Improved techniques for fast sliding thin-slab volume visualization

Janice Z. Turlington, William Evan Higgins

Research output: Contribution to journalArticle

2 Citations (Scopus)

Abstract

High-resolution three-dimensional (3D) volumetric images obtained by today's radiologic imaging scanners are rich in detailed diagnostic information. Despite the many visualization techniques available to assess such images, there remains information that is challenging to uncover, such as the location of small structures (e.g., mediastinal lymph nodes, narrowed-airway regions). Recently, sliding thin-slab (STS) visualization was proposed to improve the visualization of interior structures. These STS techniques and the other existing techniques, involve considerable computation, significant memory, extra processing, and dependence on user specifications. Further, other effective rendering approaches are conceivable using the general STS mechanism. We introduce two fast direct techniques for STS volume visualization. The first, a depth (perspective) rendering process, produces an unobstructed, high-contrast 3D view of the information within a thin volume of image data. Results are a function of relative planar locations, not individual voxel values. Thus, rendered views accurately depict the internal properties that were initially captured as position and intensity. The second method produces a gradient-like view of the intensity changes in a thin volume. Results can effectively detect the occurrence and location of dramatic tissue variations, often not visually recognized otherwise. Both STS techniques exploit the concept of temporal coherence to form sequences of consecutive slabs, using information from previously computed slabs. This permits rapid real-time computation on a general-purpose computer. Further, these techniques require minimal processing and memory, require no pre-processing, and results are not dependent on user knowledge. Results show the computational efficiency and visual efficacy of these new STS techniques.

Original languageEnglish (US)
Pages (from-to)110-1123
Number of pages1014
JournalProceedings of SPIE - The International Society for Optical Engineering
Volume3976
StatePublished - 2000

Fingerprint

Volume Visualization
sliding
slabs
Visualization
Processing
General purpose computers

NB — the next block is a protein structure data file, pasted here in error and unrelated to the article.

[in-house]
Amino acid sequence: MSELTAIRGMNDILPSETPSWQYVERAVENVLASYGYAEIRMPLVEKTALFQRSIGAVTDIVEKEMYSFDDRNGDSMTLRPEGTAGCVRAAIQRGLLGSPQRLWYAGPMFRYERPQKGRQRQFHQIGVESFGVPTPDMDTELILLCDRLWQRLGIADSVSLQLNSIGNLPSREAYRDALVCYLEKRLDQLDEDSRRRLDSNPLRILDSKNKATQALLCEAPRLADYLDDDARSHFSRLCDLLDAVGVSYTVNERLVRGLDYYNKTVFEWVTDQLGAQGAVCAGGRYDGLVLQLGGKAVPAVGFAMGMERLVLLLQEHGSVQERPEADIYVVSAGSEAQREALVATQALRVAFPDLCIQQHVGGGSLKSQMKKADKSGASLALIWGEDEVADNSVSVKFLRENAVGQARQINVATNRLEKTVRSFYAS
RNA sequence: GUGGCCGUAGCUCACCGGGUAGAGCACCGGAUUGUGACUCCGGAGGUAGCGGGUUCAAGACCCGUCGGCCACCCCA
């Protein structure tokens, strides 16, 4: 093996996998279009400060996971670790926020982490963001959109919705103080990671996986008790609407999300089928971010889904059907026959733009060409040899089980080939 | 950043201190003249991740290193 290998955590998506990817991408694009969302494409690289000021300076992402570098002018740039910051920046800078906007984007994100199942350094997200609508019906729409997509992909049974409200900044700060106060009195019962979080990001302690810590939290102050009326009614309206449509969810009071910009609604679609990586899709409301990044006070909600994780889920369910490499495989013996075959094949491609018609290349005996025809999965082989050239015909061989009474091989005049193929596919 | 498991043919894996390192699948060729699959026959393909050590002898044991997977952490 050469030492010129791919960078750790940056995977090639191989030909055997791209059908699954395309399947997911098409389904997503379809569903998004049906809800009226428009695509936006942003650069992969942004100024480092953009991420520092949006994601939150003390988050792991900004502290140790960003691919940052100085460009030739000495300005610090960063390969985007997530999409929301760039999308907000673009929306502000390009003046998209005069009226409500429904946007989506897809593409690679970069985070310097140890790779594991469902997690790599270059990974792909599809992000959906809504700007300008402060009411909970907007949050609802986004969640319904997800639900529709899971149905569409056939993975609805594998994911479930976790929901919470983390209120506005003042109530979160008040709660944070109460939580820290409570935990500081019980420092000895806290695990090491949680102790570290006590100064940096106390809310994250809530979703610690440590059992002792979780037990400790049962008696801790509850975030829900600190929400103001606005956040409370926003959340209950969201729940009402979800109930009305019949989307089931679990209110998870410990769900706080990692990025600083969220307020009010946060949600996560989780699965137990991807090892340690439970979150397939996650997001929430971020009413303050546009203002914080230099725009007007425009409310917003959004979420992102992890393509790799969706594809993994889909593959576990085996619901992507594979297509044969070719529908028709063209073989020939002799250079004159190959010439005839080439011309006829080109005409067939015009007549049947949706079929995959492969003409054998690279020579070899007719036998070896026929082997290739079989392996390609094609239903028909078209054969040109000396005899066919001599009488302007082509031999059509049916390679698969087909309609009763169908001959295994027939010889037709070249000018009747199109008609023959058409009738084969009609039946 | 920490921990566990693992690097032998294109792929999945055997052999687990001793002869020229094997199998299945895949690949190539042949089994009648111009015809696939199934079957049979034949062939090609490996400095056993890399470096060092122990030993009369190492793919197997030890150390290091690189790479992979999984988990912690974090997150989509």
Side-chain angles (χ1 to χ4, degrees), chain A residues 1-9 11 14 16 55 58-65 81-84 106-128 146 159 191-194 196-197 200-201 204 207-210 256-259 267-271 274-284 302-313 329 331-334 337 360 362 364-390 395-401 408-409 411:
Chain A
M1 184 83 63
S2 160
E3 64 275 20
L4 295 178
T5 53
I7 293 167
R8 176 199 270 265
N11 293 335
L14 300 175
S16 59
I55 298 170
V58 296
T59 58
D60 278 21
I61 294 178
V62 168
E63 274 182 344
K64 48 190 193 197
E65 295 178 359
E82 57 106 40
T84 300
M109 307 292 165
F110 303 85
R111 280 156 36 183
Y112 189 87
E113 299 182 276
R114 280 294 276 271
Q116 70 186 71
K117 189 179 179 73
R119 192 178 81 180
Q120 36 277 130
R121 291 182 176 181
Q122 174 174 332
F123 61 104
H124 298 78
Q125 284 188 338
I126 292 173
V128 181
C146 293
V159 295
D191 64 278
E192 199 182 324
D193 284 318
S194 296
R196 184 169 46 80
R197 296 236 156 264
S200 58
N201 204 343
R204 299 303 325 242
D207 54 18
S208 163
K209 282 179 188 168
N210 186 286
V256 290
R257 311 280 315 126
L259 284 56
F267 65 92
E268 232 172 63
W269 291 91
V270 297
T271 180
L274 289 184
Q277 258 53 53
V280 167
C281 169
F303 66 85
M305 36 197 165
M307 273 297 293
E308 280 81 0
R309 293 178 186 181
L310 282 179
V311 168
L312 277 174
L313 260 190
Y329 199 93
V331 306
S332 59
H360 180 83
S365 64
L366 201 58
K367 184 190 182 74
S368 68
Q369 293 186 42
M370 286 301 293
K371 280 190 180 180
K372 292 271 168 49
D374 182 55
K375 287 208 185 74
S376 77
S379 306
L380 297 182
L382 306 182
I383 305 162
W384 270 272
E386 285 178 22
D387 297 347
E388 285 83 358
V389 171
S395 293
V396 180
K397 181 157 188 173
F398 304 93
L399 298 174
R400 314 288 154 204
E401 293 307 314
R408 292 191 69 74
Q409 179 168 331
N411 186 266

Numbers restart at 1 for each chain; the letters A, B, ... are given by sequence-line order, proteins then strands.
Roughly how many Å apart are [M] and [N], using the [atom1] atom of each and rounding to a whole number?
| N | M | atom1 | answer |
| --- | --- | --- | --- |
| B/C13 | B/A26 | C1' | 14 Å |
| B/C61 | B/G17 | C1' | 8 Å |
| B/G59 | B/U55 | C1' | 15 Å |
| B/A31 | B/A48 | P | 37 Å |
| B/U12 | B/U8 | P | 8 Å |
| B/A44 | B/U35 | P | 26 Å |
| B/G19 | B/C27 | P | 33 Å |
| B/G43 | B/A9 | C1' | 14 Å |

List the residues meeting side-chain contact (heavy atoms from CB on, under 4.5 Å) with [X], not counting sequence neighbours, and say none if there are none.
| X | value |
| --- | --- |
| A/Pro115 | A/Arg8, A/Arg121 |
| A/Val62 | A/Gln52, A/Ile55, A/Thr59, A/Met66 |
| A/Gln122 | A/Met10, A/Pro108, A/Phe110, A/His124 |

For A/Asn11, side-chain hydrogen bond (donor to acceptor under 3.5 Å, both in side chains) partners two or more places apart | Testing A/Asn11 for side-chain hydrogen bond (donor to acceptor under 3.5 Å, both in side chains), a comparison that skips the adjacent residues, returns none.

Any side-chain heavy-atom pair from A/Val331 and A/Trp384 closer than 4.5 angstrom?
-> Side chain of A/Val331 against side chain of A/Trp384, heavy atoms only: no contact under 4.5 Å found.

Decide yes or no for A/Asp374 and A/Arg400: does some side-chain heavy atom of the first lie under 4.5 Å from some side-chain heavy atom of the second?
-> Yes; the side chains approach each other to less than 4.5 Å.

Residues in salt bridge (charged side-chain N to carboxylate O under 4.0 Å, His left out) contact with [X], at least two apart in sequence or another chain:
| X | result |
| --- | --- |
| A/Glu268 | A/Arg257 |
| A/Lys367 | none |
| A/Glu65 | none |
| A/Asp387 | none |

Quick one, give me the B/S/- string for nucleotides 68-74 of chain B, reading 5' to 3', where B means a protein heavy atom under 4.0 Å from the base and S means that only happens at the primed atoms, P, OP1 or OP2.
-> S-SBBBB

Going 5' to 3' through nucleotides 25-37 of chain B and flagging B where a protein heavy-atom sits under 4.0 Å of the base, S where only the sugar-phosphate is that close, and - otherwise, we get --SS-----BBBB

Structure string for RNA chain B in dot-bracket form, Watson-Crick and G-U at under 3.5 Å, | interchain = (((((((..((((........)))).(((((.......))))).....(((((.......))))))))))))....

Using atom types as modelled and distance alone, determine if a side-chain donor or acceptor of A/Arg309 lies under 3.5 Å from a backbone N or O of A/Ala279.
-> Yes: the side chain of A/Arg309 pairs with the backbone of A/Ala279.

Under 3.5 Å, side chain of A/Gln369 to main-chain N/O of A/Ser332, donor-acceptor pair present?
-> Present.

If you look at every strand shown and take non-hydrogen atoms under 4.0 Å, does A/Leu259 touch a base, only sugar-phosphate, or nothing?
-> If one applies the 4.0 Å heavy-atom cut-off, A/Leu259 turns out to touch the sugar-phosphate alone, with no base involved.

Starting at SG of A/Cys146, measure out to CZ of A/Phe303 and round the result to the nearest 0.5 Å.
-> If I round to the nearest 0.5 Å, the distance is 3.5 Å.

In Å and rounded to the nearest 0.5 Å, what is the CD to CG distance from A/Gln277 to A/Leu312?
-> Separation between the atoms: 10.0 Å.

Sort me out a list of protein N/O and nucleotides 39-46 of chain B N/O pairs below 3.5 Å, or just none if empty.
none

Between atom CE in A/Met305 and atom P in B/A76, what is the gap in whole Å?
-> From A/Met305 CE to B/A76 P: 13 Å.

Data storage equipment
Rendering
Computational efficiency
Tissue
Specifications
Imaging techniques
Voxel
Scanner
lymphatic system
Computational Efficiency
preprocessing
Preprocessing
Efficacy
Consecutive

All Science Journal Classification (ASJC) codes

  • Electrical and Electronic Engineering
  • Condensed Matter Physics

Cite this

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abstract = "High-resolution three-dimensional (3D) volumetric images obtained by today's radiologic imaging scanners are rich in detailed diagnostic information. Despite the many visualization techniques available to assess such images, there remains information that is challenging to uncover, such as the location of small structures (e.g., mediastinal lymph nodes, narrowed-airway regions). Recently, sliding thin-slab (STS) visualization was proposed to improve the visualization of interior structures. These STS techniques and the other existing techniques, involve considerable computation, significant memory, extra processing, and dependence on user specifications. Further, other effective rendering approaches are conceivable using the general STS mechanism. We introduce two fast direct techniques for STS volume visualization. The first, a depth (perspective) rendering process, produces an unobstructed, high-contrast 3D view of the information within a thin volume of image data. Results are a function of relative planar locations, not individual voxel values. Thus, rendered views accurately depict the internal properties that were initially captured as position and intensity. The second method produces a gradient-like view of the intensity changes in a thin volume. Results can effectively detect the occurrence and location of dramatic tissue variations, often not visually recognized otherwise. Both STS techniques exploit the concept of temporal coherence to form sequences of consecutive slabs, using information from previously computed slabs. This permits rapid real-time computation on a general-purpose computer. Further, these techniques require minimal processing and memory, require no pre-processing, and results are not dependent on user knowledge. Results show the computational efficiency and visual efficacy of these new STS techniques.",
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Improved techniques for fast sliding thin-slab volume visualization. / Turlington, Janice Z.; Higgins, William Evan.

In: Proceedings of SPIE - The International Society for Optical Engineering, Vol. 3976, 2000, p. 110-1123.

Research output: Contribution to journalArticle

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